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Jaymen's story

Jaymen was diagnosed with neuroblastoma in January 2019 when he was only 22 months old.  His dad Jordan tells their story so far:

Little boy on swings

Jaymen had flu-like symptoms

At 22 months old, Jaymen has started to show flu-like symptoms which doctors believed was a viral infection, despite numerous visits to the GP. It was not until Jaymen stopped walking and was clearly in severe pain that something was finally done.

Boy in car seat with cap on

Shocking diagnosis

We went to hospital and after further investigation, which included scans and lots of tests, we received the devastating news that Jaymen had stage 4 high-risk neuroblastoma.

Jaymen had a tumour on his spleen but the disease had spread to his skull, jaw, arms, legs and chest. His arm was also fractured due to the disease and had to be put in a cast.

Our world came crumbling down that day. We just couldn’t believe what was happening and how so much of his little body was consumed with cancer. We felt completely broken. Jaymen’s sister is nearly four years old and it was a lot for her to take in as well.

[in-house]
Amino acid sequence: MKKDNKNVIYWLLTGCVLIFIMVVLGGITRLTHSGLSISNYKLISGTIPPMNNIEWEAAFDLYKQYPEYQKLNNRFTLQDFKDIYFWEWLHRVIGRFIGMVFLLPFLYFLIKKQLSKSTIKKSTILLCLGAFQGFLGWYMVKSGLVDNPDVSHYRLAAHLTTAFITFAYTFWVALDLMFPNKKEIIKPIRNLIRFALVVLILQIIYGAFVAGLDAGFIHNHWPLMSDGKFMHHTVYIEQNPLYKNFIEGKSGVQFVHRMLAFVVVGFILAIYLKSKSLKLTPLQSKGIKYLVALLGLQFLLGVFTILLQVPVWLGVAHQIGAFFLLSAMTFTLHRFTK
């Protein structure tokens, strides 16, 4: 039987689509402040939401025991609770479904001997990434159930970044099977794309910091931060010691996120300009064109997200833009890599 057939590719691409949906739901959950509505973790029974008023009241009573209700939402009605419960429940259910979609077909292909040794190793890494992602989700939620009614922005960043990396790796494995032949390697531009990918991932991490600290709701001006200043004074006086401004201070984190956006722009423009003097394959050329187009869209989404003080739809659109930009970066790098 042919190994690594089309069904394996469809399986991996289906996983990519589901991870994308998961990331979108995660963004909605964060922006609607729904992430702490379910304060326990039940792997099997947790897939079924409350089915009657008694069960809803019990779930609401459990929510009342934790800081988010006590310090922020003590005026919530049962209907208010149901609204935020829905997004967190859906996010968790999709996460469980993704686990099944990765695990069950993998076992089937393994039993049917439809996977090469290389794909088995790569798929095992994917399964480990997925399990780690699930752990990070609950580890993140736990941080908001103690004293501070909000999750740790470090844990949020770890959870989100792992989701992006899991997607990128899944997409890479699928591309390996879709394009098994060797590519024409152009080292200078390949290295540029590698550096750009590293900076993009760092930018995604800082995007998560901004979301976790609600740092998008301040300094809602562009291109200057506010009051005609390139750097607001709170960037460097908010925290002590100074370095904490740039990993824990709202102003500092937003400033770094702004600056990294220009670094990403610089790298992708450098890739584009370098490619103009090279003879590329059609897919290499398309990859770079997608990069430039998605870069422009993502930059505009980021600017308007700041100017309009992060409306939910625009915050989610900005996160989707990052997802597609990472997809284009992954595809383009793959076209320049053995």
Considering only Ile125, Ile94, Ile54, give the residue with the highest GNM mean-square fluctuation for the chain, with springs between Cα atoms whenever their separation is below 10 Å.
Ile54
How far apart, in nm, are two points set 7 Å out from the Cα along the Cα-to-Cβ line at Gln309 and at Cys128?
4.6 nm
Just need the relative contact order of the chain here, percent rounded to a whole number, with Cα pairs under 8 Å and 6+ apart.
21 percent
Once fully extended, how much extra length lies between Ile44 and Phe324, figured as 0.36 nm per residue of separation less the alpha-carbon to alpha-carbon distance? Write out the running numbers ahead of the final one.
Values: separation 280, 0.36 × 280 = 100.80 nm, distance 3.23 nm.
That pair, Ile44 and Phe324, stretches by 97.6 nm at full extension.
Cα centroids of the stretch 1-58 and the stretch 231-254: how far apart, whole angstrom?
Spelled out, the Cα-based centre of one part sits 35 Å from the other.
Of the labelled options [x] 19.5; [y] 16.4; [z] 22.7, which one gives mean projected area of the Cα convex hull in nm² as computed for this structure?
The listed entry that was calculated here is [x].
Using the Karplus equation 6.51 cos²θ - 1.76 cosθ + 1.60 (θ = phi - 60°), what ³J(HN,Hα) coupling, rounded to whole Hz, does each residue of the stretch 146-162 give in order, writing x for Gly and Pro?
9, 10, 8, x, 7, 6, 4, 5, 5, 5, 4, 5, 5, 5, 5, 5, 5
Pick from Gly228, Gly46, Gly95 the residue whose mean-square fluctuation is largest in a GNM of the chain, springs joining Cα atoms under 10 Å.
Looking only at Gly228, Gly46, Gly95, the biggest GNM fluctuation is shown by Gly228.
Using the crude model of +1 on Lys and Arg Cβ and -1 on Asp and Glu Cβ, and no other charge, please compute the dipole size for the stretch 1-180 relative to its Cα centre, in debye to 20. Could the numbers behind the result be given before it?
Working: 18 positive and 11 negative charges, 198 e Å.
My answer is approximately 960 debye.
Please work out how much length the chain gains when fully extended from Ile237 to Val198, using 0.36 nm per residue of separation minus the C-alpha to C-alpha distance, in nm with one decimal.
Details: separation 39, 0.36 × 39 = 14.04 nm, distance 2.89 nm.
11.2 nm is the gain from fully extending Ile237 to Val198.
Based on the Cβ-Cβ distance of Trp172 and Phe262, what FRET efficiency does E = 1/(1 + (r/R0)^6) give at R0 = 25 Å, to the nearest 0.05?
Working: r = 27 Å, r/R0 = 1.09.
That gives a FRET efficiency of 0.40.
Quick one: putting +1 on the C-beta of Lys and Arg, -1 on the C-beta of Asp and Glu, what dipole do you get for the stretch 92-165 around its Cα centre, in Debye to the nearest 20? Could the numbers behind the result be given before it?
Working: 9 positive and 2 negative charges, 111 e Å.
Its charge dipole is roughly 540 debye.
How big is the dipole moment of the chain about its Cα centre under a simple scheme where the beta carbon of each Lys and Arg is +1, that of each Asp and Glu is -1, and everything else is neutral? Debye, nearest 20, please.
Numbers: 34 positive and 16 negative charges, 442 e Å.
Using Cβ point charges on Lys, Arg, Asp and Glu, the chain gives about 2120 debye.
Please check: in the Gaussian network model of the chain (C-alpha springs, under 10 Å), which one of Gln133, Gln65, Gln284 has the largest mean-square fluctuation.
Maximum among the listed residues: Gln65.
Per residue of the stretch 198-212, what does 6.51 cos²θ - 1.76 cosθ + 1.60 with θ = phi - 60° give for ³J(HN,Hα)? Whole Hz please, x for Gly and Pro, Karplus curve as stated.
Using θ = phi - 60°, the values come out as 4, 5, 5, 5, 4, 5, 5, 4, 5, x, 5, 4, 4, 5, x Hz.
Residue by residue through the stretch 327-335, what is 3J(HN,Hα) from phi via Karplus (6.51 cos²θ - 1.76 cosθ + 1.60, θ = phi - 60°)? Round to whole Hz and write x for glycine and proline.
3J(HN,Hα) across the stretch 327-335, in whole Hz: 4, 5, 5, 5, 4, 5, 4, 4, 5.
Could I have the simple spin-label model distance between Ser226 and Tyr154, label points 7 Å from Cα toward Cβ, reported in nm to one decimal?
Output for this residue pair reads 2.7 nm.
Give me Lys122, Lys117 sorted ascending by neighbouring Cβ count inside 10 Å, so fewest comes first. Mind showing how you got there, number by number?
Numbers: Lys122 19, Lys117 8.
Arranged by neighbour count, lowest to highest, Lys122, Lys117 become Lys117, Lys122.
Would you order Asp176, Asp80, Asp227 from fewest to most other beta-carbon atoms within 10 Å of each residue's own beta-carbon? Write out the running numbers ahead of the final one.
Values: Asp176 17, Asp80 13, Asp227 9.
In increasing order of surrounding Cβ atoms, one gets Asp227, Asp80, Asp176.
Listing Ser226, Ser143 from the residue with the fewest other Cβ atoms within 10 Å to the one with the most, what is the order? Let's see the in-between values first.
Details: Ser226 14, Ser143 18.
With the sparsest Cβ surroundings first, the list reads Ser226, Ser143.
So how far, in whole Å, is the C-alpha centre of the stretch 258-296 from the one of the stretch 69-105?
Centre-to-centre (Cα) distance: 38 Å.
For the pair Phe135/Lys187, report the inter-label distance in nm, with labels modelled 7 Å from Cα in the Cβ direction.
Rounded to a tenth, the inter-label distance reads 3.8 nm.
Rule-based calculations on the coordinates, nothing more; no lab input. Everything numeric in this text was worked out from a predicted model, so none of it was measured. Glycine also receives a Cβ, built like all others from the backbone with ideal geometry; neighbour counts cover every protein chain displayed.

Jaymen with dad

Intensive treatment

Since diagnosis, Jaymen has had seven rounds of induction chemotherapy follower by an 8-hour surgery which removed 95% of the tumour. Then he had high dose chemotherapy followed by a stem cell transplant which meant being isolated for six and a half weeks where he also developed a disease on his liver which was also potentially life threatening.

He has since been discharged and is resting before his next scans and commencement of radiotherapy and immunotherapy.

boy in hospital bed with bunny

We have a long journey to go

We have a long journey to go, but Jaymen has responded well to treatment up to this point. We don’t know what the future holds, but we will do everything in our power to ensure that our little boy survives this disease.

Jaymen and Harlow

How you can help

If you’ve been touched by Jaymen’s journey, help us invest in the high quality research that really matters which would otherwise go unfunded.

This helps to support children with cancer so they can be with their families for longer.

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Have you or a family member been affected by childhood cancer?

Many of our supporters have been affected by childhood cancer – either through family, friends or their own personal experience. These patient stories can help inspire others to get involved with us, or can support our media work.

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